Soybean cyst nematode now confirmed in 54 counties
John Wilson doesn’t mince words when talking about the damage caused by soybean cyst nematode.
“It’s the most devastating pest to soybean growers in Nebraska and the United States,” he says. “Last year, SCN cost Nebraska farmers $30 million in lost yields.” Nationally, growers lost more than $1 billion, says the Extension educator based in Burt County.
These losses can be reduced if farmers are aware SCN is in their fields. But there’s one catch. Farmers can have yield losses of 20% to 30% with no visible symptoms on the plant. So, the best way to determine if SCN is present is to take a soil sample.
To increase statewide testing, the Nebraska Soybean Board has funded a project with the University of Nebraska-Lincoln to encourage farmers to sample their fields. The board’s support covers the cost of analyzing soil samples for SCN, normally $20 per sample.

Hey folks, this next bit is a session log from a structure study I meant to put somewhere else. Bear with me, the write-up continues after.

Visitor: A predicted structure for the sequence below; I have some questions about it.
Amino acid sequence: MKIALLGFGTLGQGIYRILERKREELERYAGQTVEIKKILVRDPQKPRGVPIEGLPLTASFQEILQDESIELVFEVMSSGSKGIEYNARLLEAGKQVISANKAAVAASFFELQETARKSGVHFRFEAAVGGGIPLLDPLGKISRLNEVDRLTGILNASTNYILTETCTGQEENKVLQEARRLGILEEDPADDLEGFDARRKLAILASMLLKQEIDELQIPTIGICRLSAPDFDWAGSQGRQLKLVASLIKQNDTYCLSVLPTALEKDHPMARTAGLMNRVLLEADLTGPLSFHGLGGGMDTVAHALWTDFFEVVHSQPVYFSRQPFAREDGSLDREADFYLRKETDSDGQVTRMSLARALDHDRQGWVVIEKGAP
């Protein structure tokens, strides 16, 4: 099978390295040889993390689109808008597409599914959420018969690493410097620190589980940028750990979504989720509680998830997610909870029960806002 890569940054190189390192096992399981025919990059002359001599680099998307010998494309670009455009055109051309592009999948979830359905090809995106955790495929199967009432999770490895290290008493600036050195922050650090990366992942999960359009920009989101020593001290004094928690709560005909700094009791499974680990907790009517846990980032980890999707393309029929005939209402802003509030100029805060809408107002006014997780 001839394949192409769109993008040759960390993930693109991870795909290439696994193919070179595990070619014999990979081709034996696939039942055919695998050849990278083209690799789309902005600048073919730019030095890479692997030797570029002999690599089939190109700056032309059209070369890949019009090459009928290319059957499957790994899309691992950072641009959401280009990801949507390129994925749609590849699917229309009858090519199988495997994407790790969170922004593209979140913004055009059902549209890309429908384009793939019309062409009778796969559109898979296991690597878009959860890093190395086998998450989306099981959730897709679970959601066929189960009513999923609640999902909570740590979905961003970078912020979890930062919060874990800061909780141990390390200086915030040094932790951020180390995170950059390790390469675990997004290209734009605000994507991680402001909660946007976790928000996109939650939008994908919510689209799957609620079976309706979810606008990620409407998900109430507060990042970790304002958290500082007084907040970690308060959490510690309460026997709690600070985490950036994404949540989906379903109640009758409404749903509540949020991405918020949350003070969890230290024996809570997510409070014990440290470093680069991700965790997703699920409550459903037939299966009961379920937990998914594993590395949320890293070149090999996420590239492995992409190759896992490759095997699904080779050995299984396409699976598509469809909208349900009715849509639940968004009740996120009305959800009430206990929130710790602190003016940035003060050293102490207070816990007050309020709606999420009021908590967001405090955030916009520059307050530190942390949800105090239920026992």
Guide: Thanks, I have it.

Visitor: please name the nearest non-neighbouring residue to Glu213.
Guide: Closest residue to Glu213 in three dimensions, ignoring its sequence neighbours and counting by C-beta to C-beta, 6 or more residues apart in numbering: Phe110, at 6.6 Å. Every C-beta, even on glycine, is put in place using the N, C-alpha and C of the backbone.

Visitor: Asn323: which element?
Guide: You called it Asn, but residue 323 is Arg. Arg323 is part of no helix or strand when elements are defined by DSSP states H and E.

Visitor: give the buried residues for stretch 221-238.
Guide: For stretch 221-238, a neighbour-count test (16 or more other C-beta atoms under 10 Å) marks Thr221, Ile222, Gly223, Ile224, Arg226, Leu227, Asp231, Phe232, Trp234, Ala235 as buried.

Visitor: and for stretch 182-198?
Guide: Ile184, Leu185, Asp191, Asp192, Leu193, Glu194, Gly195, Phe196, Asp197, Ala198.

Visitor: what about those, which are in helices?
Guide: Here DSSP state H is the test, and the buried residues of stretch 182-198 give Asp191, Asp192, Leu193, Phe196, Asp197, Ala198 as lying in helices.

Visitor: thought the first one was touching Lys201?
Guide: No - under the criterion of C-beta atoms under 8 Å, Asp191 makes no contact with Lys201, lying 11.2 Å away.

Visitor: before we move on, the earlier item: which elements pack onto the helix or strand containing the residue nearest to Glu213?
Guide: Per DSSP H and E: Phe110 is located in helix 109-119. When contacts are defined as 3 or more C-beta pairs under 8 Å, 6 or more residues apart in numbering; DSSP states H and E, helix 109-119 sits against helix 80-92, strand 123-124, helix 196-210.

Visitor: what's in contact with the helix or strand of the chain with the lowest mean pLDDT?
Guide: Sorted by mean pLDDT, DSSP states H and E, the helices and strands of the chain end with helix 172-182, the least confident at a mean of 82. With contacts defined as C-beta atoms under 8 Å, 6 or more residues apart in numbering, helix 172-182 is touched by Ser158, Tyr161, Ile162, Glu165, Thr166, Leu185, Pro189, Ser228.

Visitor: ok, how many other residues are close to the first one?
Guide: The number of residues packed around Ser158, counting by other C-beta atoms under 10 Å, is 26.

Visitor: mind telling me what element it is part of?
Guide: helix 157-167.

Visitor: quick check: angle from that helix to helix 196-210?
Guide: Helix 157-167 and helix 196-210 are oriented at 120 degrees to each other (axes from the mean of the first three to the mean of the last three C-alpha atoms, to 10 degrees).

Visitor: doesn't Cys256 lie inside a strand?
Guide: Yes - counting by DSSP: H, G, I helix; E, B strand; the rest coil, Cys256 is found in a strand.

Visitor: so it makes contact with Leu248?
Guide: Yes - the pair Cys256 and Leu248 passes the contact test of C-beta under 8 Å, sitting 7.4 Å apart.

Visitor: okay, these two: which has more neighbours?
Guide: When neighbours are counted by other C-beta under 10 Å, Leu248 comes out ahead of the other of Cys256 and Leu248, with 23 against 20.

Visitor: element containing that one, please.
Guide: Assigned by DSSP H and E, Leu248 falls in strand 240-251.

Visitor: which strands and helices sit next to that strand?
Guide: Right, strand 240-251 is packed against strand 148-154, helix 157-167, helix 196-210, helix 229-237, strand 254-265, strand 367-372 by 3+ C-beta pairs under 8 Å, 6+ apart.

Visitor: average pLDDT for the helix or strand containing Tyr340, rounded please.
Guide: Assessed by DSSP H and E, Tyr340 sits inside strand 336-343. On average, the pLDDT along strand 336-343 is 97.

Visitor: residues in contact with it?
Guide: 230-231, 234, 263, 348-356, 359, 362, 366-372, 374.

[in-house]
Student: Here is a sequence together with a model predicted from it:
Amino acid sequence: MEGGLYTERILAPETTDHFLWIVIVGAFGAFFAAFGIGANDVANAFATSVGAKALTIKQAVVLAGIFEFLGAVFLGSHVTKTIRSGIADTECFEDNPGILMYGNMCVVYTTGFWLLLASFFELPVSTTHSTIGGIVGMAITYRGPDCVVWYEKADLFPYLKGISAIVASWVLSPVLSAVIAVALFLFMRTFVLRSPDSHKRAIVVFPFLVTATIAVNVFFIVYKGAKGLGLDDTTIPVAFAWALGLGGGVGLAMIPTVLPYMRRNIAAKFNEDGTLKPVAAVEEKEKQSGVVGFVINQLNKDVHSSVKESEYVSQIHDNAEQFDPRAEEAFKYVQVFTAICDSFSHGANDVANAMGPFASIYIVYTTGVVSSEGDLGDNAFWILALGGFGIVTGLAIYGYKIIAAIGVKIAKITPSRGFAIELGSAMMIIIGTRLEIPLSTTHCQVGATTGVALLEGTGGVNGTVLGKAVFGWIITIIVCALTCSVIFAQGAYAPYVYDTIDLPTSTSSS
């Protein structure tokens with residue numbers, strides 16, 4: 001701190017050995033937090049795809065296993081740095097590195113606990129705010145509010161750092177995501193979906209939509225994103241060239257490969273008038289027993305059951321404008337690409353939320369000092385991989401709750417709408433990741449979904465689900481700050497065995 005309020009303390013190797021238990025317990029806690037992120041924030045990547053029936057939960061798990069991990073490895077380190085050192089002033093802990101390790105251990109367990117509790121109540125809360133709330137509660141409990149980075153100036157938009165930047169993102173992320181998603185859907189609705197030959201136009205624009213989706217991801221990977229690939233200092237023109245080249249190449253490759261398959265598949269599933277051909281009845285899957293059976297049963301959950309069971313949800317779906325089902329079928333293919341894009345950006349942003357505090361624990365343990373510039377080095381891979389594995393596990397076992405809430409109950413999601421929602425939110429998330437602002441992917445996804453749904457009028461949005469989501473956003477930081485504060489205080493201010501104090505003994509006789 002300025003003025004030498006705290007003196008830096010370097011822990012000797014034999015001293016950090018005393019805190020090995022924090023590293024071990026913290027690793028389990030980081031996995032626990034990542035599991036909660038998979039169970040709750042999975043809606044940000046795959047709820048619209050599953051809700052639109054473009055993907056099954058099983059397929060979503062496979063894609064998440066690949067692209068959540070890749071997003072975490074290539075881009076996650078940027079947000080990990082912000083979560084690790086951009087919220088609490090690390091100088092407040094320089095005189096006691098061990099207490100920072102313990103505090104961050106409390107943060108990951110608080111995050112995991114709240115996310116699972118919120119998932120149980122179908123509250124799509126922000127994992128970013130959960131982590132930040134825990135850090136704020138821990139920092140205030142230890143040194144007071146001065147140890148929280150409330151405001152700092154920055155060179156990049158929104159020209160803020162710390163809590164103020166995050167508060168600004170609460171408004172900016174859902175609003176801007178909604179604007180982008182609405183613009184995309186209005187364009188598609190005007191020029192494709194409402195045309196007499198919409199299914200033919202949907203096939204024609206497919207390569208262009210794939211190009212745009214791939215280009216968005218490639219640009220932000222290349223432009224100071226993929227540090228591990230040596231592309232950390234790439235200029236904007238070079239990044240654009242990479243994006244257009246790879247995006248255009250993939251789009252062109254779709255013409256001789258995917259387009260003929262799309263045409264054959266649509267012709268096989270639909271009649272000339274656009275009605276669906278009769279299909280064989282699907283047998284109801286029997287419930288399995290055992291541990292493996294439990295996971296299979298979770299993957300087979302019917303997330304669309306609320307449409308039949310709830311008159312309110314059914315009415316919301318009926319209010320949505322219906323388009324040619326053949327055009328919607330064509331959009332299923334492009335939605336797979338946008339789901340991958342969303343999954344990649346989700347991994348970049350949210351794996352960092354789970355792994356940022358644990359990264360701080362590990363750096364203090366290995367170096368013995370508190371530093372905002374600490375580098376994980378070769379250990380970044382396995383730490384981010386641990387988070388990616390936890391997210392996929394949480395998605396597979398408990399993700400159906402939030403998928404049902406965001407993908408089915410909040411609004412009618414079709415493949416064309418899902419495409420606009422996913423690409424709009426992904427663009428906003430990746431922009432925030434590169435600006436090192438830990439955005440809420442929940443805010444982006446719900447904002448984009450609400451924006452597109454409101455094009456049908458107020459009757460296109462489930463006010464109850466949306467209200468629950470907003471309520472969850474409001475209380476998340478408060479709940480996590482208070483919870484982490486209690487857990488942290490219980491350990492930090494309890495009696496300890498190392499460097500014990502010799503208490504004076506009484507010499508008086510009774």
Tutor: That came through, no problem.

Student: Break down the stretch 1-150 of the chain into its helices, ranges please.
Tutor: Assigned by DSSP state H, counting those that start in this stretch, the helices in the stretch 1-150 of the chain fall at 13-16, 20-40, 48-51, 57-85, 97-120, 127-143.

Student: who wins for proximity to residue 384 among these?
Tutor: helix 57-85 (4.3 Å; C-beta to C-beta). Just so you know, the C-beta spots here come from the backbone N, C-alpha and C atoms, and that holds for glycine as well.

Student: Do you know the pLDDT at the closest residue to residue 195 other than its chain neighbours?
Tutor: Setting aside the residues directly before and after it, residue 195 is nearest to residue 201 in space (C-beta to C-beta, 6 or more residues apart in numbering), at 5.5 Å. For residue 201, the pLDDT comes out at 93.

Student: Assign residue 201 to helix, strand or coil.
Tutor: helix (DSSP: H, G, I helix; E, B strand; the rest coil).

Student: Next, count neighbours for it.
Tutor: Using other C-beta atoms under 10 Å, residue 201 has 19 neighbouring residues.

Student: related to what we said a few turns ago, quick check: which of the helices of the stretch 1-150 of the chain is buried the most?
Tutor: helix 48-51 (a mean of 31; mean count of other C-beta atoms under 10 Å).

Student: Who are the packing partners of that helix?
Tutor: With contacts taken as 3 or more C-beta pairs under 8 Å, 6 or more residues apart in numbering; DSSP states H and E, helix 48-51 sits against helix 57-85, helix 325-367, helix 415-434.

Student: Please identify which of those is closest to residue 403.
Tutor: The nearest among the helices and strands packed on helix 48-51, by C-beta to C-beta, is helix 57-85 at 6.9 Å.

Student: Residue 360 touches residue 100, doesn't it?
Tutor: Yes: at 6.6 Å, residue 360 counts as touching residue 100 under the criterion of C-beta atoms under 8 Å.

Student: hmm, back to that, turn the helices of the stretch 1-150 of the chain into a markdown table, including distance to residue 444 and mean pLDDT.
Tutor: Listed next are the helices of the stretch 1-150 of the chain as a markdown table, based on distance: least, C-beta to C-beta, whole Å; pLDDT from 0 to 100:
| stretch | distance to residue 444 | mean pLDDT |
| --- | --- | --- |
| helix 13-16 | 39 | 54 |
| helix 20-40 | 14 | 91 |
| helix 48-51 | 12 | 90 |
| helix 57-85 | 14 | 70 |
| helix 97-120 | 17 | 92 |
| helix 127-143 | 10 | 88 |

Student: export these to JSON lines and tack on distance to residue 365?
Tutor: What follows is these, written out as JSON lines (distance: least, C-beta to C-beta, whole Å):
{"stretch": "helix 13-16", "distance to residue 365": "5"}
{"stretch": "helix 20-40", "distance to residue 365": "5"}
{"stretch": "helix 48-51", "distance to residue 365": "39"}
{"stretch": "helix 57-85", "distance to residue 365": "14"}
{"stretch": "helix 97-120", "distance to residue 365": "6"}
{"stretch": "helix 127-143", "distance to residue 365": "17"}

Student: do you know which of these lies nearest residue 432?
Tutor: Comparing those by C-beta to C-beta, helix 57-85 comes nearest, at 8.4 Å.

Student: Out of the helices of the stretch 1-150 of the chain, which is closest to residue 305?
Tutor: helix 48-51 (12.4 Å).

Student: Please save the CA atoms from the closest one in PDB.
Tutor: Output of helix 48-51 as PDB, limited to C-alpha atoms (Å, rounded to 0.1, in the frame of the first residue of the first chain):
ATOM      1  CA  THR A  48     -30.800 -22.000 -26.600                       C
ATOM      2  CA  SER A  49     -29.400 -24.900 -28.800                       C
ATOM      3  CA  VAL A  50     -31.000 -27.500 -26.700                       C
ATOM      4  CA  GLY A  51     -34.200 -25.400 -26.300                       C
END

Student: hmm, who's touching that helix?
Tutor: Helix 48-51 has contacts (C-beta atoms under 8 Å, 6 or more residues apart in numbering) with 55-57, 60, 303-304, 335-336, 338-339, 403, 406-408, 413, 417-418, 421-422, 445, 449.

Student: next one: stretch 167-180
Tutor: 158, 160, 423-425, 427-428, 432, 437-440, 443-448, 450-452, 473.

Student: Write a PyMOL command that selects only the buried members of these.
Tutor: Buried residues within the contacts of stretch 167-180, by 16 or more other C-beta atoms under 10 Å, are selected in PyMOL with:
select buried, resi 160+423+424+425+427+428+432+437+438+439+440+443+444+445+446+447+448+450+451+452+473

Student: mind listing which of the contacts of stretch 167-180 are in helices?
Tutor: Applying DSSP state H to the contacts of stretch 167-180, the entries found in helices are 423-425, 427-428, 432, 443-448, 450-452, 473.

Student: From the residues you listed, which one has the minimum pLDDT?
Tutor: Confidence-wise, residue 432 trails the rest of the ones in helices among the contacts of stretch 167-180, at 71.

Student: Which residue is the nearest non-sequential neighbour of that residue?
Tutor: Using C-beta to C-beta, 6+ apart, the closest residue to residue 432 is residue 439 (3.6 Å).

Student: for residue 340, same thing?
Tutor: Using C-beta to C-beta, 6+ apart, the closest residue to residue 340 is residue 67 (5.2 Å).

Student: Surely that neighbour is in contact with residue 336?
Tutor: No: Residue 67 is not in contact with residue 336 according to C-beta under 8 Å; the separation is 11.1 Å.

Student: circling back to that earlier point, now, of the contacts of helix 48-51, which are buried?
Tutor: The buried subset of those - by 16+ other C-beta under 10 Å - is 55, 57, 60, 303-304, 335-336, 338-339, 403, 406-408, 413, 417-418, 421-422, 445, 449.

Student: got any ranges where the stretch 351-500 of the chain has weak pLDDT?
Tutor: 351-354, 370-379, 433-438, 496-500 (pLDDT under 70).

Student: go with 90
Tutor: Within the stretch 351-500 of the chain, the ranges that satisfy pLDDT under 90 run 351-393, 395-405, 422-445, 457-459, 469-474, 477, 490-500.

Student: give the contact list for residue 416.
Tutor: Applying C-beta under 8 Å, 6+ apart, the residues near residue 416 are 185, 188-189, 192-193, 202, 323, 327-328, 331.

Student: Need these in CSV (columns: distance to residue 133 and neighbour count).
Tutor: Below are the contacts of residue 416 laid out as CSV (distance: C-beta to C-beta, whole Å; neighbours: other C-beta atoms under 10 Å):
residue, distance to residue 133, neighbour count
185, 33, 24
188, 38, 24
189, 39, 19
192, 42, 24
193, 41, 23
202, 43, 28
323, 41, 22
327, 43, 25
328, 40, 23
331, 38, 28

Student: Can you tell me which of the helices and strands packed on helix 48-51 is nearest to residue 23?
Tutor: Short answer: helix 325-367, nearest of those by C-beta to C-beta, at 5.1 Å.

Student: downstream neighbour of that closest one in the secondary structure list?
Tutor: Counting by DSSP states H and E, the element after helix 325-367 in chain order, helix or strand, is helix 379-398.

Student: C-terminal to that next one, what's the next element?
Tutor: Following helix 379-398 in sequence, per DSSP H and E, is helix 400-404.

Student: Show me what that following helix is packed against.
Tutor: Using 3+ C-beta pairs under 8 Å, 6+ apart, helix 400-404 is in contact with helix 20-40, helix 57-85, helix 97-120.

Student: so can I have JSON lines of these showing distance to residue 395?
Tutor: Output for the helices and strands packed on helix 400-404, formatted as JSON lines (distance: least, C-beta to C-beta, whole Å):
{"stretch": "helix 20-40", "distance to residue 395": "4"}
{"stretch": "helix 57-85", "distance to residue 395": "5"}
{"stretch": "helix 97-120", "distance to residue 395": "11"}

“We just completed the seventh year of this project with some staggering results,” Wilson says.
Since 2005, more than 3,800 samples have been submitted, and SCN has been identified since that year in 27 counties. This doubles the number of counties in which SCN has been confirmed over the previous 19 years. SCN has now been identified in 54 total counties that produce more than 90% of Nebraska’s soybeans.
Confirmation of SCN in a county doesn’t necessarily mean all fields in that county have soils infested with the pest, Wilson says. It may just be a local area or scattered fields. “However, SCN has the potential to move from field to field. Anything that moves soil — such as flooding, wind erosion, wildlife and farm equipment — can move SCN with it.”
Free sample bags are available to producers at their UNL county Extension office.
Source: UNL CropWatch
SCN SPREADING: Soybean cyst nematode has now been identified in 54 Nebraska counties over the past 19 years.
This article published in the April, 2012 edition of NEBRASKA FARMER.
All rights reserved. Copyright Farm Progress Cos. 2012.